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Weiss tells lawmakers he’s the ‘decision maker’ in Hunter Biden investigation

Special Counsel David Weiss told lawmakers behind closed doors on Tuesday that he is the “decision maker” in the years-long Hunter Biden investigation, rebuffing allegations of political meddling.

Weiss had agreed to privately meet with lawmakers on the House Judiciary Committee in the wake of IRS whistleblower allegations of interference into the years-long federal probe into President Joe Biden’s son. Republicans have pointed to those accusations as reason to believe the president or other officials have used the office to shield Hunter Biden from federal charges, and it’s become one prong of a sweeping House GOP impeachment inquiry.

Weiss sought to dismiss those allegations Tuesday, according to a copy of his remarks obtained by POLITICO, and told lawmakers that while he operated within federal law and Justice Department guidelines that “these processes did not interfere with my decision-making authority.”

“At no time was I blocked, or otherwise prevented from pursuing charges or taking the steps necessary in the investigation by other United States Attorneys, the Tax Division or anyone else at the Department of Justice,” Weiss said.

Weiss, the U.S. attorney for Delaware who was already overseeing the Hunter Biden investigation, which dates back to the Trump era, was named special counsel over the summer. He reiterated during the closed-door meeting that he didn’t ask for that authority until August, when he was granted it.

Judiciary Chair Jim Jordan (R-Ohio) told reporters that Weiss disclosed that he requested “special attorney” status in Spring 2022. The designation would let the attorney bring cases in other jurisdictions but without being named special counsel.

“When he was specifically asked: ‘Did you ever request special attorney authority?’ … Mr. Weiss’s response was: ‘Yes, in the spring of 2022,'” Jordan recalled to reporters. “He requested it, he was not given that request.”

But the Ohio Republican stopped short of saying that Weiss explicitly told lawmakers that he was denied special attorney status. And a person familiar with Weiss’ remarks said he told the committee that “I was not denied 515 authority at any time,” referring to the special attorney statute.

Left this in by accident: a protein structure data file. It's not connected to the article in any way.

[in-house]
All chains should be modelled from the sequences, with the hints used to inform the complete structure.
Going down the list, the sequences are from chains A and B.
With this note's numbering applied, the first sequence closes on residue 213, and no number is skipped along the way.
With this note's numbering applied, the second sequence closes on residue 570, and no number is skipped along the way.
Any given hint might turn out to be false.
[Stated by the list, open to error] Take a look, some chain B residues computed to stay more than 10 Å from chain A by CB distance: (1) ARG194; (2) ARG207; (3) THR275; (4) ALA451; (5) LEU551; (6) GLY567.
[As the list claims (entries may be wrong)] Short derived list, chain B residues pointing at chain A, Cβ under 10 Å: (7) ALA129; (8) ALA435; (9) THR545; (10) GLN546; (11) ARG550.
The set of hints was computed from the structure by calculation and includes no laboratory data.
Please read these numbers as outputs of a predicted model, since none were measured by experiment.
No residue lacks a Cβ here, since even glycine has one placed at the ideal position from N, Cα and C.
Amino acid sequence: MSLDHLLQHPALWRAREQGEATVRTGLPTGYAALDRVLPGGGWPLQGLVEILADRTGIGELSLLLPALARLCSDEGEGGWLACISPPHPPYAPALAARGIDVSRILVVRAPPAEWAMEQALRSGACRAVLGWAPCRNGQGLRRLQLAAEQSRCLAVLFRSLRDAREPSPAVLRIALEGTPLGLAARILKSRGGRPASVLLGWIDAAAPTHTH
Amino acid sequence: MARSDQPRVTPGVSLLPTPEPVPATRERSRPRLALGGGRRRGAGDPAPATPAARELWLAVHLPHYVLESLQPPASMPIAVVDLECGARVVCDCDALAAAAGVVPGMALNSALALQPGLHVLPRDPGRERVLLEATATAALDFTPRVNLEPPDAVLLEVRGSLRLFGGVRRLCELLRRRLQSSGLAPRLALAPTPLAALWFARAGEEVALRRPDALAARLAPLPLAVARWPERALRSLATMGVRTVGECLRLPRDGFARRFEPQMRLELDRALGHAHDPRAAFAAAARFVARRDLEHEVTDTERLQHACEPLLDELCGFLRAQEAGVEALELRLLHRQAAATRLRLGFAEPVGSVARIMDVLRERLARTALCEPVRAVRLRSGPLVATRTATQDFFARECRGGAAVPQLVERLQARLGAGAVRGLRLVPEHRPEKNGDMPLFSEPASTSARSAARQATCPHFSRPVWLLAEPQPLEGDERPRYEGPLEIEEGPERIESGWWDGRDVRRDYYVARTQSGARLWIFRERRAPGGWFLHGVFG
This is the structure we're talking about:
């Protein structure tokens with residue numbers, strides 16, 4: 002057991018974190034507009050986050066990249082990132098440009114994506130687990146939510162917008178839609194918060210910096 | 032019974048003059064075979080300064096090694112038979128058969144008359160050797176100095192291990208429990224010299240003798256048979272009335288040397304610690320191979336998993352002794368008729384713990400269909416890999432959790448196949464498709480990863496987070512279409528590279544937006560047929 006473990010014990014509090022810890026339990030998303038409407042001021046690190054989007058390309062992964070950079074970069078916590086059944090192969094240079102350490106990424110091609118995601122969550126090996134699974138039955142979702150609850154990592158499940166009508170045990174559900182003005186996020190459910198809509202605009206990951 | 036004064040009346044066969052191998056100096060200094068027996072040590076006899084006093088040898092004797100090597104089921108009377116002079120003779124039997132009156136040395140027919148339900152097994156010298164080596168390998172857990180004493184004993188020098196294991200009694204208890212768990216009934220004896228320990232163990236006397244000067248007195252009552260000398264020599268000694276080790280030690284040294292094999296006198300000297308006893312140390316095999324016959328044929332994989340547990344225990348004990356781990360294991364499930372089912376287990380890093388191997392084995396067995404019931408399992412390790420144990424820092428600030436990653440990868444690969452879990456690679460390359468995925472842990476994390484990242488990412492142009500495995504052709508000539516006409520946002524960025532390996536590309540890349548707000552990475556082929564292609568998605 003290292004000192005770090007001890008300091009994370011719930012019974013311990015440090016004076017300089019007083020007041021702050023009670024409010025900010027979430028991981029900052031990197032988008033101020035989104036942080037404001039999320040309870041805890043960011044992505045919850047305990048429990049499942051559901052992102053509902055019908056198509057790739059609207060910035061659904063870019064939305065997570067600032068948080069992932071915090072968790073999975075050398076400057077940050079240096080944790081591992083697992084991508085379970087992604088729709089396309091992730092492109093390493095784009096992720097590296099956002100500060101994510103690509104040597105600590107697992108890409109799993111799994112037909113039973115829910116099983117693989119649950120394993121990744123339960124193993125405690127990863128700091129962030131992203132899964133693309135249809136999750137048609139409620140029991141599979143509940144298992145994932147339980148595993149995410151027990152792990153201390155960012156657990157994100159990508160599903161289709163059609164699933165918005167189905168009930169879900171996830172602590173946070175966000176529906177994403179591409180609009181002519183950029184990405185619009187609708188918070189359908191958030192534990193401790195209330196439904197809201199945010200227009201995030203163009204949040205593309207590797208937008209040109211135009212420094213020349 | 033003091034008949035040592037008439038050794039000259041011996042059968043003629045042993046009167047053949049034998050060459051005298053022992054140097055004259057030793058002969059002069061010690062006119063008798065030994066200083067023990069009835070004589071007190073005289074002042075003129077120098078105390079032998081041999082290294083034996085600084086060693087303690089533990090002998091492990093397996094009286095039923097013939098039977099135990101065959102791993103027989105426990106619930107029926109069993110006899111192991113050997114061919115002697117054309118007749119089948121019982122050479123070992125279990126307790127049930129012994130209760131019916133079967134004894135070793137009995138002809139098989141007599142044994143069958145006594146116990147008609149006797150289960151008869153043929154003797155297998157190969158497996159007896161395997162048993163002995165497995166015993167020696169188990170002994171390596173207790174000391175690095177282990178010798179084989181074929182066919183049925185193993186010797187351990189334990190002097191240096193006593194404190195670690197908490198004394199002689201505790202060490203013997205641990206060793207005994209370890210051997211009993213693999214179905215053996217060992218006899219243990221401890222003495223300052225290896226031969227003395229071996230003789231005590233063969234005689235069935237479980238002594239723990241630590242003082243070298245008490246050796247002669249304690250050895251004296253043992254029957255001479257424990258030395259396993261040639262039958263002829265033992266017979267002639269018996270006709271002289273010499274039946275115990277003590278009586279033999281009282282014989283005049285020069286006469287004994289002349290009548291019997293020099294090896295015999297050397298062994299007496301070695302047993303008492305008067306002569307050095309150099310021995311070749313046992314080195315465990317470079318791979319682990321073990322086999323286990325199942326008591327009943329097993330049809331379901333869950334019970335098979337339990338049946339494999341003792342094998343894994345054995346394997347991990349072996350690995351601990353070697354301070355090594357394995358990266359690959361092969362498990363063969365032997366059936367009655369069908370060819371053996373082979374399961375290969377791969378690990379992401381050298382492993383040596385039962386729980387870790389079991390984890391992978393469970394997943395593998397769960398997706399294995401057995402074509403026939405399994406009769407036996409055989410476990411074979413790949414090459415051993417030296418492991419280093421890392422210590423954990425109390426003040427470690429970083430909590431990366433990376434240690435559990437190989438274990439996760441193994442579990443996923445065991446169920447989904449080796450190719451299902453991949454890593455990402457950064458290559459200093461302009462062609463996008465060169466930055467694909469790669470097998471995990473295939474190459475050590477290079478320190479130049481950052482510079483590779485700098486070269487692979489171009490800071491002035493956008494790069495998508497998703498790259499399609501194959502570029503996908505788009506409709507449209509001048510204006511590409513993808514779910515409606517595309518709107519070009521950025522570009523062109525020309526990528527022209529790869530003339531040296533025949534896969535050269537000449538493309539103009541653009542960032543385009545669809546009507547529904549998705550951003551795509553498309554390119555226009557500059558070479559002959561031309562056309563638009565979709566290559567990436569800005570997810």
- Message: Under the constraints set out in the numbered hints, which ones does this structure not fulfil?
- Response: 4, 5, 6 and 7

Weiss had previously disclosed in a letter to Sen. Lindsey Graham (R-S.C.) that he had a discussion with DOJ officials about a potential special attorney appointment and that he was “assured that I would be granted this authority if it proved necessary.”

It’s unusual for a special counsel to meet with lawmakers behind closed doors, given the federal investigation remains ongoing. Law enforcement officials generally won’t answer questions about probes that haven’t concluded, a fact that was clearly frustrating the members who were meeting with Weiss Tuesday. Republicans complained that the special counsel was evading questions while Democrats griped that the GOP-called meeting was pointless and set a precedent that could be used against future investigators.

“The entire interview process is stupid. … We’re not going to learn anything new because he can’t talk about the specific case,” said Rep. Ted Lieu (D-Calif.), advising reporters who were waiting outside the interview room to go eat lunch.

Rep. Jerry Nadler (D-N.Y.), the top Democrat on the Judiciary Committee, echoed that sentiment, calling the meeting: “a waste of time.”

Weiss warned lawmakers at the outset of the closed-door interview that he would “address misunderstandings about the scope of my authority to decide where, when, and whether to bring charges in this matter,” but would not answer questions that could “jeopardize” the ongoing investigation or prosecution.

“I am in the midst of conducting an ongoing investigation and prosecution and will be limited as to what I can say at this point. I will prepare a report at the conclusion of the work by the Special Counsel’s Office and will be able to share more information at that time,” he added.

Republicans bristled at the suggestion they’d have to wait until an undetermined point in the future to get answers to questions at the heart of their investigation.

“Weiss was here incarnate but not particularly in spirit. Any time we had any question about any communication regarding the Justice Department … he would demure,” said Rep. Matt Gaetz (R-Fla.), adding that he believed Weiss had been “evasive.”

The Judiciary Committee, along with the Ways & Means Committee, has been looking for more information on an Oct. 7, 2022 meeting about the Hunter Biden investigation. An IRS whistleblower has said, both privately and in a public Oversight Committee hearing, that Weiss indicated at that meeting that he didn’t have ultimate authority in the investigation — hinting that other political powers had a say in what sort of charges Hunter Biden would face.

Both Weiss and Attorney General Merrick Garland have refuted those claims, saying Weiss did have the authority to bring charges. Weiss did not shed any new light on that Oct. 7 meeting during his interview, according to lawmakers.

“All that stuff is internal deliberations. He’s not going to say anything specific about it,” said Rep. Glenn Ivey (D-Md.), describing Weiss and Republicans in the room as going “around and around.”

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